Whenever a studio announces a sequel, the same question almost always comes up: “Why?” Ninety percent of the time, the reasons are financial—to try and make more money—rather than there being a good story that desperately needs to be told, and that’s especially the case with sequels to hit comedies. The chances of botching what worked in what was initially conceived as a standalone laugher increases with each successive movie. (There’s no better proof of this than Meet the Parents.)
In the case of Neighbors 2: Sorority Rising, a lot has happened in the two years since Neighbors. Mac and Kelly (Seth Rogen, Rose Byrne) are still trying to be good parents to their daughter Stella with another baby on the way. They’ve also finally found a buyer for their house, although that buyer has a month to change their mind. Their old nemesis Teddy Sanders (Zac Efron) just wants to feel valued after losing his job and being kicked out of the apartment by his former frat brother Pete (Dave Franco), who in a bizarre twist has come out as gay since we last saw him.
But they’re all reunited when a group of girls, including Chloe Grace Moretz’s Selby, decide to start the sorority Kappa Nu due to being unhappy with the other choices on campus—and the fact that only the frats are allowed to throw their misogynistic parties. Of course, they need a house for this venture, and the one next to Mac and Kelly is vacant.
At a glance, one might think Neighbors 2 merely changes the gender of the neighbors by making it a sorority rather than a fraternity, but there’s a lot more to what makes Neighbors 2 a step-up from the original. By switching the genders, director Nick Stoller and his cast are able to explore and poke fun at gender issues, yet it’s not necessarily a battle of the sexes since it is a war between the very young and the slightly older.
Part of the conflict comes from the sorority trying to raise enough money from their members to pay the rent, mostly by throwing loud parties. Mac and Kelly desperately need to get them to chill out, so that the buyers of their house won’t back out of the deal. Because of this, much of the humor once again comes from the war between the two houses, and we quickly learn that the girls fight just as hard and dirty as the guys.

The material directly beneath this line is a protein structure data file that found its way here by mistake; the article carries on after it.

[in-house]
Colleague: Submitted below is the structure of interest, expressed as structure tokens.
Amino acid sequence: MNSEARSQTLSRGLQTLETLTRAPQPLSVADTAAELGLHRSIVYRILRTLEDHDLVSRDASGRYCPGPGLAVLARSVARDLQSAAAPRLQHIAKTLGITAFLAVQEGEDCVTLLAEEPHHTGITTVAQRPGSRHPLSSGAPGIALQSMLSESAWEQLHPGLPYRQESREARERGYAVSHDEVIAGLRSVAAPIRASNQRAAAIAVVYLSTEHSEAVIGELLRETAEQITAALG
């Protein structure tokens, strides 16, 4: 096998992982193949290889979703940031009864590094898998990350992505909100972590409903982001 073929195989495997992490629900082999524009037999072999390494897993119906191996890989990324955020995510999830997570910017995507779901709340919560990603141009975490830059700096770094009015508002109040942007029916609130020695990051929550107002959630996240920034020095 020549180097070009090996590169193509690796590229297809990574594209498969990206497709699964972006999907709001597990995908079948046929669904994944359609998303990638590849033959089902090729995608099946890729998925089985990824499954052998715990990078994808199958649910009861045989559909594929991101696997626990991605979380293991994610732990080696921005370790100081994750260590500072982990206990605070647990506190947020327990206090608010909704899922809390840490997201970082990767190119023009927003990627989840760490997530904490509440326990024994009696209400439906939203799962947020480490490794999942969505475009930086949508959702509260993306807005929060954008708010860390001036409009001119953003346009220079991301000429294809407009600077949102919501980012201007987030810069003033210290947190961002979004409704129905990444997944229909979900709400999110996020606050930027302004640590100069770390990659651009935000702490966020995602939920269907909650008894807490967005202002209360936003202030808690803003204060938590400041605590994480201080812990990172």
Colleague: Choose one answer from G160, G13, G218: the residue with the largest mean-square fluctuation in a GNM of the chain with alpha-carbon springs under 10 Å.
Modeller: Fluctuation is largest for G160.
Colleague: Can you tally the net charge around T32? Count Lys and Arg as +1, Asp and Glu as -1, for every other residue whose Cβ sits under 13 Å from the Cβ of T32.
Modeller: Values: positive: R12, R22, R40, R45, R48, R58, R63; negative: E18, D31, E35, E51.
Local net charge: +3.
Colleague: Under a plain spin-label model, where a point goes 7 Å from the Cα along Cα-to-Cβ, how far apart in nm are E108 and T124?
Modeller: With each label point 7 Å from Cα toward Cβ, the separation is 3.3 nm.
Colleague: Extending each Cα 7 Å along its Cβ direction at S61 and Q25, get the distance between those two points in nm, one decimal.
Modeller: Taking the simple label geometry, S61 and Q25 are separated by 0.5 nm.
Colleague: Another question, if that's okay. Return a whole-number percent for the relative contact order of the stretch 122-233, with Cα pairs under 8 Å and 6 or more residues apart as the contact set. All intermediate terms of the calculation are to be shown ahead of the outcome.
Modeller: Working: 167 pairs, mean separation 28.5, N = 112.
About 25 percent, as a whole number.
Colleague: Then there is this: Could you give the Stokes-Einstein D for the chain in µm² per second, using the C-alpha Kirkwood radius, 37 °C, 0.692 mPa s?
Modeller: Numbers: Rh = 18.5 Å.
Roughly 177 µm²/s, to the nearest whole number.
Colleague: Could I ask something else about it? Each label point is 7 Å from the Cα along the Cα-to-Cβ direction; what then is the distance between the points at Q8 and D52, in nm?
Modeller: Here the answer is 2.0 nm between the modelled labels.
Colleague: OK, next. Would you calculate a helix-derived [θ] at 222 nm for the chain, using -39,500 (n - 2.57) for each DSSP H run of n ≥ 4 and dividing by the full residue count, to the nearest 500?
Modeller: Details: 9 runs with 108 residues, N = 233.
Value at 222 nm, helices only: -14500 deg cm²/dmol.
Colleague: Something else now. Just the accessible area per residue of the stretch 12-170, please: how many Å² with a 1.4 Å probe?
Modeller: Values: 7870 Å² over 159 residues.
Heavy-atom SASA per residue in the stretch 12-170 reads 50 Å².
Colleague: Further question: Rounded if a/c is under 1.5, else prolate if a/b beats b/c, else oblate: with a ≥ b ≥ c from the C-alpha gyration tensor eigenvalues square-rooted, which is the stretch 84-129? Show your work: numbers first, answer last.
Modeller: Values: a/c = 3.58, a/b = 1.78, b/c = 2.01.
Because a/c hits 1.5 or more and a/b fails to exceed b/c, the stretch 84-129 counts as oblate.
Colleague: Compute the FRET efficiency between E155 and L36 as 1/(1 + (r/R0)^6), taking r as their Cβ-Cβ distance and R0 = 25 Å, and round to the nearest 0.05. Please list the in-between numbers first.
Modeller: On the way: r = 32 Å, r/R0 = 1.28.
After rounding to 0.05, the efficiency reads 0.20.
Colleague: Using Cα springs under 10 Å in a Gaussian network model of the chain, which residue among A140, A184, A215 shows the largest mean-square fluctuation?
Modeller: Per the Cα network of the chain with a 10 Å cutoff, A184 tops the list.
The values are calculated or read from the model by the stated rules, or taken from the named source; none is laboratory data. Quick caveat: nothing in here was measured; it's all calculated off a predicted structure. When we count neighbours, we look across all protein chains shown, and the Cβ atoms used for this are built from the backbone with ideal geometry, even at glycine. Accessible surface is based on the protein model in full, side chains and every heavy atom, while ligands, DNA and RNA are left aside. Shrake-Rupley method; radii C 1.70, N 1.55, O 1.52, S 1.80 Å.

At the start of the feud, Teddy tries to help the girls set up their sorority—he’s still angry about what happened in the first movie—but when they decide he’s too old for them, they kick him to the curb, and Teddy switches sides. This leads to a lot of funny moments as Mac, Kelly, and Teddy have to find a way to cut off the girls’ money supply from selling pot.
Let’s face it. If you didn’t like the original Neighbors, you probably won’t care for this one either, because it works along the same general lines, and the main cast of Rogen, Efron, and Byrne don’t diverge too far away from what benefitted their characters the first time.
Teddy’s frat brothers from the original film—played by Dave Franco, Jerod Carmichael, and Christopher Mintz-Plasse—take on a much smaller role this time, which is a bit of a shame since they contributed so much added humor to the original movie, helping make it more than the typical Seth Rogen fratboy comedy. Chloe Moretz might not seem like the most likely candidate to fill in that gap based on her previous films, but she actually fits in beautifully, as do her equally oddball sorority sisters that give the film an edgier take on the Barden Bellas from the blander Pitch Perfect franchise.
Stoller continues to prove himself to be a solid comedy director, especially when he creates humor out of stuff that happens in real life. Getting a second crack at this particular premise allows him to improve on some of the problems from the original Neighbors, most notably that it felt long despite being the same slim 90-plus minutes as its sequel. In this case, the laughs are far more consistent with a few scenes that will have you chuckling so hard, they could be considered “side-splitting.”
While the film does delve into gender issues that have been in the social consciousness, it never tries to be preachy about what’s right or wrong behavior for young women. Any father with a young daughter will probably appreciate some of the things addressed by Mac, who realizes that someday his own darling girl might grow up to be one of these crazy co-eds they’re facing off against.
In the end, Neighbors 2 ends up being funnier than the original movie and a near-perfect sequel to boot—making the humor more gender-neutral helps greatly in making this sequel so brilliantly funny.